Date
26 February 2020
Luo Huining is expected to overhaul the Liaison Office as well as try to regroup and rejuvenate the pro-establishment camp in the coming days. Photo: Bloomberg
Luo Huining is expected to overhaul the Liaison Office as well as try to regroup and rejuvenate the pro-establishment camp in the coming days. Photo: Bloomberg

What can we expect from the new Liaison Office chief?

More than seven months since the start of the protest movement following the government’s extradition bill misadventure, Hong Kong remains adrift with no sign of resolution of the crisis.

Stubbornly refusing to respond to the public’s demands, the Carrie Lam administration has missed several opportunities to achieve reconciliation in society and also continues to fuel public outrage by turning a blind eye to police brutality, resorting to falsehoods and allowing arrogance to get the better of it.

The situation is further compounded by constant interference by mainland authorities and inflammatory remarks about the resistance movement.

As far as the alleged intervention by hostile foreign powers and the perceived influence exerted by the so-called separatists are concerned, such accusations are both groundless and irrelevant.

In my view, the way to resolving the problem is quite simple: first, the most important thing the government needs to do is put an end to police brutality and establish an independent commission of inquiry to looks into all the events of the past half year.

Second, with regard to the public’s demand for universal suffrage, all the government needs to do in order to put to rest the anger of most people is to pledge that it will start working on it promptly.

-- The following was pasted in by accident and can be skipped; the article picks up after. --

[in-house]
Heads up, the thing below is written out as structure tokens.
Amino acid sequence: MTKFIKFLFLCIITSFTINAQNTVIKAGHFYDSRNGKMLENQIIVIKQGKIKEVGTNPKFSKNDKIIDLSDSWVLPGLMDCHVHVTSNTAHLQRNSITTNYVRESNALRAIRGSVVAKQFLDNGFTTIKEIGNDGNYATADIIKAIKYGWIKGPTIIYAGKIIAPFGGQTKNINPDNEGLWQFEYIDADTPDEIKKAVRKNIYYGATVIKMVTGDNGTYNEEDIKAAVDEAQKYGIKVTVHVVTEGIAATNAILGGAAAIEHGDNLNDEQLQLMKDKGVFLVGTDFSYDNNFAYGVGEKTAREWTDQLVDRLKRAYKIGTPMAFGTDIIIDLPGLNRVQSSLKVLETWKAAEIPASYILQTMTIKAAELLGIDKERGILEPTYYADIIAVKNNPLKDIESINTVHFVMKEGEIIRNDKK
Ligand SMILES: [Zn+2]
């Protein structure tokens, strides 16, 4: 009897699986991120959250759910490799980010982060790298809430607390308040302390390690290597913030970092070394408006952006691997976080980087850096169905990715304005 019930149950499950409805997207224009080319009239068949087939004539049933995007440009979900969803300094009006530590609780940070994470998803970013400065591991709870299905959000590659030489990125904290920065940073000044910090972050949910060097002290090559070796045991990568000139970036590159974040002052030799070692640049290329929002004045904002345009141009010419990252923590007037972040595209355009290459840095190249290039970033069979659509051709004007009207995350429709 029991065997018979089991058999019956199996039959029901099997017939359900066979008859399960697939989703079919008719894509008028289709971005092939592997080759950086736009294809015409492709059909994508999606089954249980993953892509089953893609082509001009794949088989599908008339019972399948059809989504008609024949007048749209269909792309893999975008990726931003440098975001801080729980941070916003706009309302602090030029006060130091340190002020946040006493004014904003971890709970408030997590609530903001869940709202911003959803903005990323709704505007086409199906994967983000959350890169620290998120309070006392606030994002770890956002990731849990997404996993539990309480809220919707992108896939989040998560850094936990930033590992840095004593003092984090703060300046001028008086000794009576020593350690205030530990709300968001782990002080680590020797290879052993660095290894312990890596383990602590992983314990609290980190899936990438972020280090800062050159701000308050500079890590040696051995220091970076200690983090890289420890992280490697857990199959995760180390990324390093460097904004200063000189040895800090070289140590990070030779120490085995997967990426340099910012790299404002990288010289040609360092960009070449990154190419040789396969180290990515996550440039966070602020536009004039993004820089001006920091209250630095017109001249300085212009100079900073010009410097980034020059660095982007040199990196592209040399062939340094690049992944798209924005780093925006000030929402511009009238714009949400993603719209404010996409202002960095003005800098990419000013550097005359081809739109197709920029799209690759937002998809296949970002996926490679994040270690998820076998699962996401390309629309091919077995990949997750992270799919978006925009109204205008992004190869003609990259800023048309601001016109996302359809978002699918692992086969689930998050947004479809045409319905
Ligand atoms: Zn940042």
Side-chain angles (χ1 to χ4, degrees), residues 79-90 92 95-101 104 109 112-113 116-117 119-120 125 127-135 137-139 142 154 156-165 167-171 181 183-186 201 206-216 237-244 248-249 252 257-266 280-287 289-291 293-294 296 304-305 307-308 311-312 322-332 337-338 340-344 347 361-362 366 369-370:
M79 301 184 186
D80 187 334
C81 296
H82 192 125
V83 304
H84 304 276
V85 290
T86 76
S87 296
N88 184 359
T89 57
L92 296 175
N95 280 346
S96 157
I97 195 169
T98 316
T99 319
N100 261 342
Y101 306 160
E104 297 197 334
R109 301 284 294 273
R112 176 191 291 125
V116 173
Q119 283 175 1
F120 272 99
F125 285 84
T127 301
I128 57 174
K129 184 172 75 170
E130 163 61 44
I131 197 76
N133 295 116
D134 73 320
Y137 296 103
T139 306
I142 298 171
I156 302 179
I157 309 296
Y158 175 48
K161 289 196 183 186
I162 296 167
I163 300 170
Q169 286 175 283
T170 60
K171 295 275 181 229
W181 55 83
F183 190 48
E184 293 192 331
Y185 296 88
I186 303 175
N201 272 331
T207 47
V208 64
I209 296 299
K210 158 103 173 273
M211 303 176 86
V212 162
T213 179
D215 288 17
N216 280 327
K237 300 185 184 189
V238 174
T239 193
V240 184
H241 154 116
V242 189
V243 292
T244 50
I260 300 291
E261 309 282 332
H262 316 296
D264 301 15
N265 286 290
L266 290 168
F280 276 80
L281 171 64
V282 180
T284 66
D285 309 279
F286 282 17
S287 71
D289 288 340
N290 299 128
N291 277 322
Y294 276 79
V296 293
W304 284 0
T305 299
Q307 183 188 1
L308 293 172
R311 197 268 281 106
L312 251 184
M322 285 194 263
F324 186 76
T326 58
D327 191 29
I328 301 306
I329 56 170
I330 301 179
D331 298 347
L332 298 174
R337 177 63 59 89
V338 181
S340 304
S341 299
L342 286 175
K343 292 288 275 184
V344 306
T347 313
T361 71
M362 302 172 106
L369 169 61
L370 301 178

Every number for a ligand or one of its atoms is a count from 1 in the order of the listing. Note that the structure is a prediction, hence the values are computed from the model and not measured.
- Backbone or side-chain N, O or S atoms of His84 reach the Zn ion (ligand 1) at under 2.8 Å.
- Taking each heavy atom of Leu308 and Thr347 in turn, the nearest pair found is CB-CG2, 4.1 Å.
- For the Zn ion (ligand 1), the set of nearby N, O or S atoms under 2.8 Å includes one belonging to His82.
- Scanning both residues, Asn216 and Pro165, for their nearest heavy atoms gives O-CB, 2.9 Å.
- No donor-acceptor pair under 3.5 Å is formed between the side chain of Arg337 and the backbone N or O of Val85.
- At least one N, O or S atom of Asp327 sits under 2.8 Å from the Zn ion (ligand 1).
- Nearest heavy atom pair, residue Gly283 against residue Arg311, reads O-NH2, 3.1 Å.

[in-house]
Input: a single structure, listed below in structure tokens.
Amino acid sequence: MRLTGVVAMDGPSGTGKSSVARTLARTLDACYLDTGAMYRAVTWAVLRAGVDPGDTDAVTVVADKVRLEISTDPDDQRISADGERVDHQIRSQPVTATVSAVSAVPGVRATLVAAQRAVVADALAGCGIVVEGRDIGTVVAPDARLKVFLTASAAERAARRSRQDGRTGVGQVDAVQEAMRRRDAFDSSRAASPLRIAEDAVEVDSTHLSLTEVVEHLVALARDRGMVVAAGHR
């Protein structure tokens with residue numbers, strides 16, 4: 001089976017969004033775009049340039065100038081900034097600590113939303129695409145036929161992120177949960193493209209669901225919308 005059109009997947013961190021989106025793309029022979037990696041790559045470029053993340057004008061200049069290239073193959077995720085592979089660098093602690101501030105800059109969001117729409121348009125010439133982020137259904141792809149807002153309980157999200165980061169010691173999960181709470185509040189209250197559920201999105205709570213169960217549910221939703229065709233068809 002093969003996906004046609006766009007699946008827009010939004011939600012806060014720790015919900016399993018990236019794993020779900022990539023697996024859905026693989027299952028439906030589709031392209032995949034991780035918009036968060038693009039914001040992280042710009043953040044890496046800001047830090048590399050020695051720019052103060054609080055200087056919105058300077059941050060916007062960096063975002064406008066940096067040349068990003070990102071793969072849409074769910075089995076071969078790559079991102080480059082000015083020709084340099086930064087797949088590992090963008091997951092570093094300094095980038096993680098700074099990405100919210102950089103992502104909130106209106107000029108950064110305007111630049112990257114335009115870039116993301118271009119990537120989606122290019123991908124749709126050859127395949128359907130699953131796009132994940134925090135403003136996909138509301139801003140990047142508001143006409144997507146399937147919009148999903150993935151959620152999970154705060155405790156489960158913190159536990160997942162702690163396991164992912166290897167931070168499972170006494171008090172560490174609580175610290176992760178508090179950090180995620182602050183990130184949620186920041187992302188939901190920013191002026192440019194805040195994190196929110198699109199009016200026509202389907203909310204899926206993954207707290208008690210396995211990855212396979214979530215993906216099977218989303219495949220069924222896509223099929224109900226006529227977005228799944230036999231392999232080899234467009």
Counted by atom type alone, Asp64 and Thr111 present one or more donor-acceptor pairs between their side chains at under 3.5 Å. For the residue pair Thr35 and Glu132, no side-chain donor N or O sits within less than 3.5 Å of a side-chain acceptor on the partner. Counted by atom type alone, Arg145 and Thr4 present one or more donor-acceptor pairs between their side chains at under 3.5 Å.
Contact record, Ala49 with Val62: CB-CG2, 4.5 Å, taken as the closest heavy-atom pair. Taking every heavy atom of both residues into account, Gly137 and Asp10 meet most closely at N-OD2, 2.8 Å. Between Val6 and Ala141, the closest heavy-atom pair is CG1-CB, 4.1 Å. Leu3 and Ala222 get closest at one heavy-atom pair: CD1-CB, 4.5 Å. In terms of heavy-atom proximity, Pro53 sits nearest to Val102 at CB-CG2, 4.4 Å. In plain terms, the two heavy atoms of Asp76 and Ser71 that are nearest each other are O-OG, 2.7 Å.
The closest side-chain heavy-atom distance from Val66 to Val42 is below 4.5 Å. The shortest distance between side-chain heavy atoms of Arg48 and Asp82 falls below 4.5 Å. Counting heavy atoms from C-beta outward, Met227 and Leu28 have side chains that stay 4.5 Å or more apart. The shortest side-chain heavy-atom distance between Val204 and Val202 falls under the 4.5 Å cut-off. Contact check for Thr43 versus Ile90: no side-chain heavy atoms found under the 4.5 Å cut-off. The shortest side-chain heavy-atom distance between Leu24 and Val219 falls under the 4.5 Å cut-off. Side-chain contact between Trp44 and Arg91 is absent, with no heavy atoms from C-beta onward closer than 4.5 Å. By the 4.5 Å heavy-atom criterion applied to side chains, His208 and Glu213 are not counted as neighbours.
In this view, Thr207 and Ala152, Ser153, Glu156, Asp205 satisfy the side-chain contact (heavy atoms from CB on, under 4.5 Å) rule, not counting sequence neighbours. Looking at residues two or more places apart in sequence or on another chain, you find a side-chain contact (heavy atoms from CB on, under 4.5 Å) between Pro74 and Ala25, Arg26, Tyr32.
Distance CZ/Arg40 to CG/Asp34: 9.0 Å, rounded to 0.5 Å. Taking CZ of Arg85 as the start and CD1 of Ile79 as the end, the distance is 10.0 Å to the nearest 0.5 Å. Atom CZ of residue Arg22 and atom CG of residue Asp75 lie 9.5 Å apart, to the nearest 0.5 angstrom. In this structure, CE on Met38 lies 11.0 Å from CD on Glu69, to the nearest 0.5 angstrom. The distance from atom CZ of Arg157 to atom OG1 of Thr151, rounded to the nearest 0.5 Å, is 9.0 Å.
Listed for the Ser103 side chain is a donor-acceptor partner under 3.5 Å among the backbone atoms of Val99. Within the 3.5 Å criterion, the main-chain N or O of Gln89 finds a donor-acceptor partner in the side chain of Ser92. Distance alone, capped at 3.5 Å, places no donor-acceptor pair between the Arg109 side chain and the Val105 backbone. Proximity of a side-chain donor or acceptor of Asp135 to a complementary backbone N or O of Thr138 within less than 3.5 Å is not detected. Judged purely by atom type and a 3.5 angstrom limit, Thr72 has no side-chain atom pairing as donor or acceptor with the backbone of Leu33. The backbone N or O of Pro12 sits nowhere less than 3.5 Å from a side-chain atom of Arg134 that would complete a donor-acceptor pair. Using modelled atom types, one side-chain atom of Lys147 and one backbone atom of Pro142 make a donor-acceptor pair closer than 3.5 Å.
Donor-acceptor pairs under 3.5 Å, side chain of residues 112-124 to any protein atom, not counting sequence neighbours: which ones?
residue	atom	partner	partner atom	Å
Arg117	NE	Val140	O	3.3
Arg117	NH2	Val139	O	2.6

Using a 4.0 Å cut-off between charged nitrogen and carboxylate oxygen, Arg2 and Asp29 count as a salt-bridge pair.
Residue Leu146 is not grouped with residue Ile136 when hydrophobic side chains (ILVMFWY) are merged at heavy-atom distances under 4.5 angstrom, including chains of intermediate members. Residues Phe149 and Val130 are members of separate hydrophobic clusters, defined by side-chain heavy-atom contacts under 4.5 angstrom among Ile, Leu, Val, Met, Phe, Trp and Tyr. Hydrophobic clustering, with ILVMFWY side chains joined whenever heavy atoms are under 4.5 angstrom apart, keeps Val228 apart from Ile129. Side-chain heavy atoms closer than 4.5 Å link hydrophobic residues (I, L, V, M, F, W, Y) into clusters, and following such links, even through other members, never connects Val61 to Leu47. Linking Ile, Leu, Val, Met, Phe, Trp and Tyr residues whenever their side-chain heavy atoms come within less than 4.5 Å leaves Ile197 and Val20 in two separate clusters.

What the people of Hong Kong want is true and genuine implementation of the “One Country Two Systems” and the high degree of autonomy that was promised under the 1984 Sino-British Joint Declaration and the Basic Law, and nothing more.

I believe these demands are fully reasonable and legitimate. Given that Hong Kong is a special administrative region on Chinese soil, Beijing shouldn’t regard meeting the demands and giving us universal suffrage as amounting to backing down or buckling under pressure.

Recently, a key personnel change took place within the Beijing Liaison Office, with director Wang Zhimin being replaced by a higher-ranking official, Luo Huining, who had earlier served as party chief of Shanxi province.

Wang was removed from his post apparently because he failed to get a firm grip on the complicated situation in Hong Kong.

From Beijing’s perspective, having a new representative in place of Wang is a good idea as it can help foster a new political atmosphere that can improve the handling of Hong Kong matters.

There is little doubt now that Luo will overhaul the Liaison Office as well as try to regroup and rejuvenate the “patriotic” or the pro-establishment camp in the coming days.

However, we need to bear in mind that the measures likely to be initiated by Luo are unlikely to strengthen Hong Kong and its core values, just like President Xi Jinping’s nationwide crackdown on corruption didn’t bring more human rights and freedom for the mainland people.

Luo may eventually agree to meet some of the demands of the Hong Kong people or embark on a shake-up of the communist party organs in the city.

He may even try to keep the SAR government at arm’s length to allow him more room for manoeuver, and try to ease public anger by targeting some unpopular senior police chiefs and government officials in the days ahead.

However, the potential olive branch must never be mistaken as a sign of Beijing softening its stance on Hong Kong.

Given the nature and logic of the communist party, any political concession made to the people would be nothing more than a temporary tactical retreat.

This article appeared in the Hong Kong Economic Journal on Jan 15

Translation by Alan Lee

[Chinese version 中文版]

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Dr. Stephen Chiu Yiu-wah is an associate professor of the Faculty of Business and Economics of the University of Hong Kong.